Five: the imbalances are caused by China’s excessive saving, owing not to its exchange-rate policy but to the structure of its financial and economic systems.

Roubini gives this some credit, but I don't. Reforms I've seen in the pipeline (like allowing Chinese citizens to invest directly in foreign stocks) would tend to exacerbate the problem, rather than solve it like Roubini asserts.

Six: Richard Cooper argues that the imbalances are caused by demographics and low productivity growth – Japan, Europe and China need to save a lot because they are ageing very fast, while low productivity growth in Japan and Europe exacerbates this need.

Roubini gives this reason a small amount credit for Japanese and European trade imbalances, but discounts it for China. I can agree with him on that.

Seven: housing bubbles in the US and a handful of other countries, caused in part by easy money, are responsible for the imbalances, because they have increased investment (in housing) while leading to a consumption boom, and hence reduced saving.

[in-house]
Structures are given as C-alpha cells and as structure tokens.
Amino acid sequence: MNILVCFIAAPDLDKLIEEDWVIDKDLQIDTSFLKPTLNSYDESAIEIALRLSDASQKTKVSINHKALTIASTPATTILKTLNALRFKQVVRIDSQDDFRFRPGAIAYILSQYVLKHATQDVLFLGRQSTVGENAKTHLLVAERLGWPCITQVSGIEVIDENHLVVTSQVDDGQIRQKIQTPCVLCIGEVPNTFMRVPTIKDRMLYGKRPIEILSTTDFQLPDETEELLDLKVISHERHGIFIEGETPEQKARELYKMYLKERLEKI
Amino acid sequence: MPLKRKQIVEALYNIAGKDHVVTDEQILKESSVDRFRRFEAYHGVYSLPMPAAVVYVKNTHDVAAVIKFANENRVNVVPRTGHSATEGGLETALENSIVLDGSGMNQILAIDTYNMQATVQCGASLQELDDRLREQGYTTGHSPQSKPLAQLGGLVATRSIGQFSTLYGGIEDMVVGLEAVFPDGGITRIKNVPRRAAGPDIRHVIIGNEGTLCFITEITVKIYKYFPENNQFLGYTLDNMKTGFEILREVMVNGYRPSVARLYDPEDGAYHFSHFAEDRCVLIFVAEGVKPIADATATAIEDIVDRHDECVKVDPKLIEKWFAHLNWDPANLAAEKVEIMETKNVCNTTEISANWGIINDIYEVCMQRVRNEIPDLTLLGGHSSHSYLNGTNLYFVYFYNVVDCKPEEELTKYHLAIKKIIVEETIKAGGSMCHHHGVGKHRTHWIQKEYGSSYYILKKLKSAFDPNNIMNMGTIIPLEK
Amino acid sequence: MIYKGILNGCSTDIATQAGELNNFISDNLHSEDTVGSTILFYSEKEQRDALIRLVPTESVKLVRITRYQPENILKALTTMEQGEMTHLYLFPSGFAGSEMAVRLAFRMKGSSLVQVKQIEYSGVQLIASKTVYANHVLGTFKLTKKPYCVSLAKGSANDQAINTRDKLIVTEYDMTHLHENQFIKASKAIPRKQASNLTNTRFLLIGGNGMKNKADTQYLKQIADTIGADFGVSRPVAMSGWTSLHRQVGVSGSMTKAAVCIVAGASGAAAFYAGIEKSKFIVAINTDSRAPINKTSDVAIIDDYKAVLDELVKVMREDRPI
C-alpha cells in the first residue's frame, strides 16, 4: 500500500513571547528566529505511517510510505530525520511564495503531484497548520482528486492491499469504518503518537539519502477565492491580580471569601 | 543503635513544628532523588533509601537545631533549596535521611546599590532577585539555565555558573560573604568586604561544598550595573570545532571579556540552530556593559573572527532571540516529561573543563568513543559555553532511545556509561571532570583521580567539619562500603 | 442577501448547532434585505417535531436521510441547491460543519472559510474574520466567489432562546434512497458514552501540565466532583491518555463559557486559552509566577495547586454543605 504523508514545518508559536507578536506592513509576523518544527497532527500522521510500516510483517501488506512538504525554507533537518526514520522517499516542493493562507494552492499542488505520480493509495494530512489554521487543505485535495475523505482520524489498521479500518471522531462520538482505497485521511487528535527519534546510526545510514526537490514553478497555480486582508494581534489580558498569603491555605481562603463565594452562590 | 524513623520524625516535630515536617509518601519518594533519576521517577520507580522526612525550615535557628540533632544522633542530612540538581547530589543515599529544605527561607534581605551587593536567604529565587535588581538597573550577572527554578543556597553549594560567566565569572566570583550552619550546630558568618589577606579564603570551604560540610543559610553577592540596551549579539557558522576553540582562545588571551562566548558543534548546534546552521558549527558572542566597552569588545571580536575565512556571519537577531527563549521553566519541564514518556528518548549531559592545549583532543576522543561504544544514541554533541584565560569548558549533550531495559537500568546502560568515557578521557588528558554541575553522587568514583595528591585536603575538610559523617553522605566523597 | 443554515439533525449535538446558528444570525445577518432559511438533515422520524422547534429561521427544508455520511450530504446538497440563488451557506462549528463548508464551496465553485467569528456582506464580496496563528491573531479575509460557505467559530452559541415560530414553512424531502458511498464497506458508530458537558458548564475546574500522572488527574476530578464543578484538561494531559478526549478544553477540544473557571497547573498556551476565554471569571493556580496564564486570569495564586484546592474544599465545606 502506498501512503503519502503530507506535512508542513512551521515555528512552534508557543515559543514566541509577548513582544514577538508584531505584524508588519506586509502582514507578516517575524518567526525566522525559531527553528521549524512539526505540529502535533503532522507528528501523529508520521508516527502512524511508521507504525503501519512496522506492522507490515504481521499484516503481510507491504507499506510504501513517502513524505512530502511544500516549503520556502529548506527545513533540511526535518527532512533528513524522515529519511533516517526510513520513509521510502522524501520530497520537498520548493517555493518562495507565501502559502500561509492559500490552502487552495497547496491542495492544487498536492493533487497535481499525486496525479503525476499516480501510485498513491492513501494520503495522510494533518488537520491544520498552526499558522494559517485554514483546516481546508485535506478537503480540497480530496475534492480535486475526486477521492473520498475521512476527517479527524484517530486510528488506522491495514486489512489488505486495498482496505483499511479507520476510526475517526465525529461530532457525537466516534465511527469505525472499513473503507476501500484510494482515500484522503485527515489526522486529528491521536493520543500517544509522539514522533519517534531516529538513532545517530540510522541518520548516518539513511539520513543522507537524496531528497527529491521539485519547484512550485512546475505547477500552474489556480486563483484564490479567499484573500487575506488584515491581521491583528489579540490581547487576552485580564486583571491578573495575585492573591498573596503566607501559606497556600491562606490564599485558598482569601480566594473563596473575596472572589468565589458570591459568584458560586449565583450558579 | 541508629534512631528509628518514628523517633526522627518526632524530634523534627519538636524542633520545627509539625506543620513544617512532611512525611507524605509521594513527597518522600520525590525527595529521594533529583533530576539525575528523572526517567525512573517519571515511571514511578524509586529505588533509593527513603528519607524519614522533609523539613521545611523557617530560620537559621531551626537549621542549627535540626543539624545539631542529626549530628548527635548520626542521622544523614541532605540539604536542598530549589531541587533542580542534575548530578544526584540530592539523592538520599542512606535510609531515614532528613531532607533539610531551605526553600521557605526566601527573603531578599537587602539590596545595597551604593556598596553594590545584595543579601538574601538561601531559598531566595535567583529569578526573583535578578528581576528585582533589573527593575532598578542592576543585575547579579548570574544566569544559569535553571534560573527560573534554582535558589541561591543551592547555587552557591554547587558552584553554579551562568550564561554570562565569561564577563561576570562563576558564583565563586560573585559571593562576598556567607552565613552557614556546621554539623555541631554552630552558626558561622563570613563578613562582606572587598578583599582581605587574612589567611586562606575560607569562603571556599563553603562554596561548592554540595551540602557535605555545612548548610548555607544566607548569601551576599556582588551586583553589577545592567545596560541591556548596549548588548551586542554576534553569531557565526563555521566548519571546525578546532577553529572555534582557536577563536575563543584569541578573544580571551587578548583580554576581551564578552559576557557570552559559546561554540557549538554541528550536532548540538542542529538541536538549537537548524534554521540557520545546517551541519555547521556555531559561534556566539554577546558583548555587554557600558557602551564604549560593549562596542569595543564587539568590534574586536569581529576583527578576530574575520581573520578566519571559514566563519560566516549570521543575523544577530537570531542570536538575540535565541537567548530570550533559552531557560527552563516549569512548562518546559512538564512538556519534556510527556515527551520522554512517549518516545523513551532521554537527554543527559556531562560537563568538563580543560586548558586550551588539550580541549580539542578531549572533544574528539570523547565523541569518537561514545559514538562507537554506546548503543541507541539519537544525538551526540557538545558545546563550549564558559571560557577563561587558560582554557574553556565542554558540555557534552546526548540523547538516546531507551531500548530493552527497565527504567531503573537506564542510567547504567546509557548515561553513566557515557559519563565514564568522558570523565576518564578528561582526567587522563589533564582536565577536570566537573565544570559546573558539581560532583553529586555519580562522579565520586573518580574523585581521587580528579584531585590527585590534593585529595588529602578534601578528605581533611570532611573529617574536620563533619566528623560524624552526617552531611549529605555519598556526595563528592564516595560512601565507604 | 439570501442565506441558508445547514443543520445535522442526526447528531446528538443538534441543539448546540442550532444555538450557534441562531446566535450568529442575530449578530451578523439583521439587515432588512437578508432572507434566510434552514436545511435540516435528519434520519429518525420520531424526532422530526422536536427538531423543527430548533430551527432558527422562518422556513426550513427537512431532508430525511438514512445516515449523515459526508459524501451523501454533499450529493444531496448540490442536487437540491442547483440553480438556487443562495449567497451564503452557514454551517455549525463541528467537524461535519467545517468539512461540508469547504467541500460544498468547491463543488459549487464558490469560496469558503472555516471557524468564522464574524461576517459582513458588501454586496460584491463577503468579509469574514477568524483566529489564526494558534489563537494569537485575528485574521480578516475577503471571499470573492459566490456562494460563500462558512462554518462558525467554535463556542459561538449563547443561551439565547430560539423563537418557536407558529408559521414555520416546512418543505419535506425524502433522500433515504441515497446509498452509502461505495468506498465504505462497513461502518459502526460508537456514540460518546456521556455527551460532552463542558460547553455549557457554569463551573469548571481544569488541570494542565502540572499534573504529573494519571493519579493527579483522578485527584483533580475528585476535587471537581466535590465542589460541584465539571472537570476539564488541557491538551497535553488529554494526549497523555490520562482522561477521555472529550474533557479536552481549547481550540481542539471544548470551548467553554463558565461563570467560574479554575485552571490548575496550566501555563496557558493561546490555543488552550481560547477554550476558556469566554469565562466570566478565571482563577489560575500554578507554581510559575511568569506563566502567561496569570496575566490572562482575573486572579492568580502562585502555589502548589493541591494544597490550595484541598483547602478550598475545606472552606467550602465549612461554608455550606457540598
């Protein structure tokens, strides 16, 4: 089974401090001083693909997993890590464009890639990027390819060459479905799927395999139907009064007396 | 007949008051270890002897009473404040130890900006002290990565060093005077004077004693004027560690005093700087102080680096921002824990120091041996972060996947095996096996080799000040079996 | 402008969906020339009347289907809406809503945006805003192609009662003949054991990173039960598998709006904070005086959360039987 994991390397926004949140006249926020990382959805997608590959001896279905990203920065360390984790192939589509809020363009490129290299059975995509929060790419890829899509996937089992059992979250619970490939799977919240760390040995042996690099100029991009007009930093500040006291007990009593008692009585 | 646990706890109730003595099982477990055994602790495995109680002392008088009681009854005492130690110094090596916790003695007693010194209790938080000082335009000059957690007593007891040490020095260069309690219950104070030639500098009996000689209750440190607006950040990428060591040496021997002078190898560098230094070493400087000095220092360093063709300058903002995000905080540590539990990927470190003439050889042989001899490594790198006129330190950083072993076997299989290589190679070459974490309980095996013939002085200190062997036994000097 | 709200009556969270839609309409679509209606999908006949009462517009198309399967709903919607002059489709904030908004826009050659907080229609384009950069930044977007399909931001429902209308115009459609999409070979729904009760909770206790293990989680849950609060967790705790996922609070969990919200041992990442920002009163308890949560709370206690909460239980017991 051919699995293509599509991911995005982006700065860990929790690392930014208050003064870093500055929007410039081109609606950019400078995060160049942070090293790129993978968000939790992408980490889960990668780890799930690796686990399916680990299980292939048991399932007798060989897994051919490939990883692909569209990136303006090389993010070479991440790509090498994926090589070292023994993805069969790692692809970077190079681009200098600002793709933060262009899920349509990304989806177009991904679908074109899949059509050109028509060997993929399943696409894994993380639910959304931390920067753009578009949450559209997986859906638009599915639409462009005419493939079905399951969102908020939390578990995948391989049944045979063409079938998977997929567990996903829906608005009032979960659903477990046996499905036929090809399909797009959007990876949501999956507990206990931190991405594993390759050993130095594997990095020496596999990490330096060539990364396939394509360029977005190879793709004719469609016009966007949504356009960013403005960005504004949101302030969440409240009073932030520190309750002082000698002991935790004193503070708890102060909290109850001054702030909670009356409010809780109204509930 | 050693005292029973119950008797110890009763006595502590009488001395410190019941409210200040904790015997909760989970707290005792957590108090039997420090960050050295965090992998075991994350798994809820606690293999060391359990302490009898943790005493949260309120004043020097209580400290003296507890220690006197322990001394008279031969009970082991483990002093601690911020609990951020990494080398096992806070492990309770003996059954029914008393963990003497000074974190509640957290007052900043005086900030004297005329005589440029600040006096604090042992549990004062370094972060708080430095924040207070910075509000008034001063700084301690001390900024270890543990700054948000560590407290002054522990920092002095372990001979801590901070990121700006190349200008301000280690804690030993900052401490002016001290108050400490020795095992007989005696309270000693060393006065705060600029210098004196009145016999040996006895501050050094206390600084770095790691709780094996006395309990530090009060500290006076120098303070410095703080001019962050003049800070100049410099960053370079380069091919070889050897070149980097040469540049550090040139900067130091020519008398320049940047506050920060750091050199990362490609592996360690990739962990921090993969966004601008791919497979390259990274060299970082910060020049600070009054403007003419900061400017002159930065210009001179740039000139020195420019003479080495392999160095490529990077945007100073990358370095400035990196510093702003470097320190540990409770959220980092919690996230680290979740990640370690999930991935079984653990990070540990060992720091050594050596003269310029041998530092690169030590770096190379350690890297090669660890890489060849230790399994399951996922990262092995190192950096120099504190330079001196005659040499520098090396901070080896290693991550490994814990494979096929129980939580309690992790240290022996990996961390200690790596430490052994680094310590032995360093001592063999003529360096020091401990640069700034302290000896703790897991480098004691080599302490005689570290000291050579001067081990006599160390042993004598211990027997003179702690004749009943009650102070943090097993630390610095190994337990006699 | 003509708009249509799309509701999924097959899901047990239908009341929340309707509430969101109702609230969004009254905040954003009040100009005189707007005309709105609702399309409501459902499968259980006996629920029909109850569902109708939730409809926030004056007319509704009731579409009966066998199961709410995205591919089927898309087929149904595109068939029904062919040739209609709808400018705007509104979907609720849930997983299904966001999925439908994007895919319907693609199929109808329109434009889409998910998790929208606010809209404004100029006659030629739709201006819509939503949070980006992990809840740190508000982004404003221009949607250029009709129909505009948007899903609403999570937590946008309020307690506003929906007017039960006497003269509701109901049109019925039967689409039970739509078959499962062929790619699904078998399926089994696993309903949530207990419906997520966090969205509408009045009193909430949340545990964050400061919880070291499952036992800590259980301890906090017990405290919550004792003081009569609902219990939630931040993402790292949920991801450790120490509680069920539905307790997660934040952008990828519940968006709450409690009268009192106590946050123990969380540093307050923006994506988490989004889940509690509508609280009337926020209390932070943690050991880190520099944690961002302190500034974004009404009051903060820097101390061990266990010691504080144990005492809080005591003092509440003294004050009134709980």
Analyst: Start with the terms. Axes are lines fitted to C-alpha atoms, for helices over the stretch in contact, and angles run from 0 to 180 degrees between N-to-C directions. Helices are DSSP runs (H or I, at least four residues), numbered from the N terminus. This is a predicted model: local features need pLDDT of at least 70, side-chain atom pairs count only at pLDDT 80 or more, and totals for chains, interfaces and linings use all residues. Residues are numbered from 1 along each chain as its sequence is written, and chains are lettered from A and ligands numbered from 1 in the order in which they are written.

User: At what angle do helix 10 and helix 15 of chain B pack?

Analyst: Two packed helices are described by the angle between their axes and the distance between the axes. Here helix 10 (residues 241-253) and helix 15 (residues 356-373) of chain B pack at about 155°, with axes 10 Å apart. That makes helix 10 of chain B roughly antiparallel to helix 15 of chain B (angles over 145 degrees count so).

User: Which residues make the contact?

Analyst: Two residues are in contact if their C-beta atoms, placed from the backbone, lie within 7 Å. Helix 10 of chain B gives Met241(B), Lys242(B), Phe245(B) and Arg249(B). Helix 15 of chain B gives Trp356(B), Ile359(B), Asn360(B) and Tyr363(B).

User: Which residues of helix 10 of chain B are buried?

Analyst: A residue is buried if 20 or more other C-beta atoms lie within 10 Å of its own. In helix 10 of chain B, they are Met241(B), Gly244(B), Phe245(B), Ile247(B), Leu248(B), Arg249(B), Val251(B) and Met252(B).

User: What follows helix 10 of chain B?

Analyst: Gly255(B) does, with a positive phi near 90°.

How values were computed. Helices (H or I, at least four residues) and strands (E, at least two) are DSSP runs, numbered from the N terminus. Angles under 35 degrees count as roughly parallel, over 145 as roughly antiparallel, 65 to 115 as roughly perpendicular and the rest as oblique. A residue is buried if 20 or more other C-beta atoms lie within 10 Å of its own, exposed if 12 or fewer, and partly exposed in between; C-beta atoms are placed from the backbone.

Roubini calls these a promising partial explanation, but I think he's mixing up cause and effect. The trade gap boosted the housing bubble, rather than the other way around. Foreigners collected dollars because of currency imbalances and then plowed them into US debt of all kinds, which helped promote the housing bubble. He brings up some interesting connections when he mentions the Yen carry trade and decline of various foreign currencies that were boosted by it, but discounts them as a thing of the past. While there may have been a partial unwinding of the Yen carry trade earlier this year, I believe it has come back in force, and the rebound of the New Zealand dollar provides further evidence for this idea. The Yen carry trade deserves to be addressed fully in his discussion, but perhaps it is too important and truthful to be given full treatment if this paper is indeed bent on misdirection.